One of Britain's most infamous prisoners has received up to £200 in compensation from the Prison Service after having his spectacles broken.
Bronson broke his glasses in a "control and restraint incident"
Charles Bronson's glasses were smashed during an incident involving two members of staff at Full Sutton high security prison in East Yorkshire.
Bronson, 54, from Luton, was first jailed for armed robbery in 1974.
Since then he has held fellow prisoners and staff hostage on three occasions and carried out several assaults.
It is unclear what happened in the incident which led to Bronson's glasses being broken, but a HM Prison Service statement described it as a "control and restraint incident".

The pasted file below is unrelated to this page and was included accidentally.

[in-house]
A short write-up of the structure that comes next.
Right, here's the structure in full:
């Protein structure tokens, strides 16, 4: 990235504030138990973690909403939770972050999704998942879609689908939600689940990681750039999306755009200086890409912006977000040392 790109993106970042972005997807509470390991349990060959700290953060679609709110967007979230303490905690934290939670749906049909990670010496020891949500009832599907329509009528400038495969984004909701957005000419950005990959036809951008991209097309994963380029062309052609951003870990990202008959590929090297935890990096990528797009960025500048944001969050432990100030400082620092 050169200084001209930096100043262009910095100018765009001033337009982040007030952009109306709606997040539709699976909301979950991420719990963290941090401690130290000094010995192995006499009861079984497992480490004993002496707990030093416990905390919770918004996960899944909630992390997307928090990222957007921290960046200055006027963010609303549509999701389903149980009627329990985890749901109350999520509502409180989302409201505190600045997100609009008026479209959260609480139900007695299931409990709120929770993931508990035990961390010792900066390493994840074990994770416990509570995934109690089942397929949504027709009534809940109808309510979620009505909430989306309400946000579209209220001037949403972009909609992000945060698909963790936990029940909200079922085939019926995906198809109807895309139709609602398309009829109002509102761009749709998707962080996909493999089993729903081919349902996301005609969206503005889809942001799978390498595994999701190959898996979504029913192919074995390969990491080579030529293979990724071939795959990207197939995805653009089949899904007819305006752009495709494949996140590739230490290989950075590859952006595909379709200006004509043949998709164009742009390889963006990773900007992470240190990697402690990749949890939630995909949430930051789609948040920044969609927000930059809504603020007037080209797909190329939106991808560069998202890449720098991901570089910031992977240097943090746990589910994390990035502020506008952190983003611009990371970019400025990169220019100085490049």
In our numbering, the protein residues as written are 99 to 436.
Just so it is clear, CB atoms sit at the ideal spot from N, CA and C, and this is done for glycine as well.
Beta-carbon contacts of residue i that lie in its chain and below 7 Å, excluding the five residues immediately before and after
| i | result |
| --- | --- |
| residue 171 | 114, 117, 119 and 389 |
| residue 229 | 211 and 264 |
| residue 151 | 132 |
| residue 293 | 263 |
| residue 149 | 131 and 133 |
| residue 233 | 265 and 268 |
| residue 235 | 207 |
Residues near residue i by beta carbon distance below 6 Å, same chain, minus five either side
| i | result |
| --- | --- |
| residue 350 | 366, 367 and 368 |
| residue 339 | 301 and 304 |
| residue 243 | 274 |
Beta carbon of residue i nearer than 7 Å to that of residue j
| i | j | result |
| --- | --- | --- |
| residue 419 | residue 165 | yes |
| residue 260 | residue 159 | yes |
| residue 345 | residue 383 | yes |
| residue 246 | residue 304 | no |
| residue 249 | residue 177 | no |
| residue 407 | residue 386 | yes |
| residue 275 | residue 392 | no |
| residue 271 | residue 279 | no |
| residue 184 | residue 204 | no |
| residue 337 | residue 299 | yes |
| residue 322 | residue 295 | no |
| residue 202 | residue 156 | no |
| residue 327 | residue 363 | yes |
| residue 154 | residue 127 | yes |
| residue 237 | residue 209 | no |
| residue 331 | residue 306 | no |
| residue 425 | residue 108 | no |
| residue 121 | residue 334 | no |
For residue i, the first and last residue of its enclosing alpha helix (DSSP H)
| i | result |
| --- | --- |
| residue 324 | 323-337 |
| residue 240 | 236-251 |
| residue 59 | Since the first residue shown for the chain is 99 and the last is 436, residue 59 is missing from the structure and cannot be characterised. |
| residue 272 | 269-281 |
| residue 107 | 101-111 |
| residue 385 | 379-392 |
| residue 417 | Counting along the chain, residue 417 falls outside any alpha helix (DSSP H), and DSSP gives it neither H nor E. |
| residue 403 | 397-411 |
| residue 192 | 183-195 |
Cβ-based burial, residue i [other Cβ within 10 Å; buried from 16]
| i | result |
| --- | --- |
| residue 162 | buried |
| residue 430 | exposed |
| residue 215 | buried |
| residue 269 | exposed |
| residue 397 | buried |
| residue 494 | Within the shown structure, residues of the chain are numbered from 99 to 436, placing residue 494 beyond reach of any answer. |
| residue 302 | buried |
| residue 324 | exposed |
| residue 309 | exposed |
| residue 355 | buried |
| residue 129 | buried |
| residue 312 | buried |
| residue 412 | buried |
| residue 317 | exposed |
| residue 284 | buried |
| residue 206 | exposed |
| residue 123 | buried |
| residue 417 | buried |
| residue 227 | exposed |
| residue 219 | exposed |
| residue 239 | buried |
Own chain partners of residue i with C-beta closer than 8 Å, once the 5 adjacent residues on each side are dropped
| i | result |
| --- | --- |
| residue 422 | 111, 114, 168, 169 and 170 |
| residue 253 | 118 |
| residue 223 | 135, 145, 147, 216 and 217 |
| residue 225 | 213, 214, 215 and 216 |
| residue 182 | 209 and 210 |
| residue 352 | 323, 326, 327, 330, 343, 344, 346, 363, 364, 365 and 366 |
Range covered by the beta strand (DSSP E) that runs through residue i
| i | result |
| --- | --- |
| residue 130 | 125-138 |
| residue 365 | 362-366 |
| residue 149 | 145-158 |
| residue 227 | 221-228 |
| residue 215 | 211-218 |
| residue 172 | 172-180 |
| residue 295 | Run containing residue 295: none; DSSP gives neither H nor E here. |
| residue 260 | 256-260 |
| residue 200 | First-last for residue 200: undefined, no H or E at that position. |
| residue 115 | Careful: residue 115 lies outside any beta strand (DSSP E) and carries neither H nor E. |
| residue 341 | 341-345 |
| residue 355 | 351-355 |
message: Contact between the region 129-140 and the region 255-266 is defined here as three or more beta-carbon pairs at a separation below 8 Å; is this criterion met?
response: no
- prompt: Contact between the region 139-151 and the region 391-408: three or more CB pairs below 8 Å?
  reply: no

The statement said: "A prisoner has been offered compensation of under £200 after a control and restraint incident."
Bronson - who changed his name by deed poll from Michael Peterson in the 1980s - staged a 47-hour rooftop protest at Broadmoor in 1983, causing £750,000 of damage.
In 1994, while he was holding a guard hostage at Woodhill Prison, Milton Keynes, he demanded an inflatable doll, a helicopter and a cup of tea as ransom.
Two months later, he held deputy governor Adrian Wallace hostage for five hours at Hull Prison, injuring him so badly he was off work for five weeks.
In total, Bronson has been held at all three of Britain's security hospitals and at least 28 conventional prisons.
However, in 1995 Bronson won the literary Koestler award for his writing about prison life called Living Legends.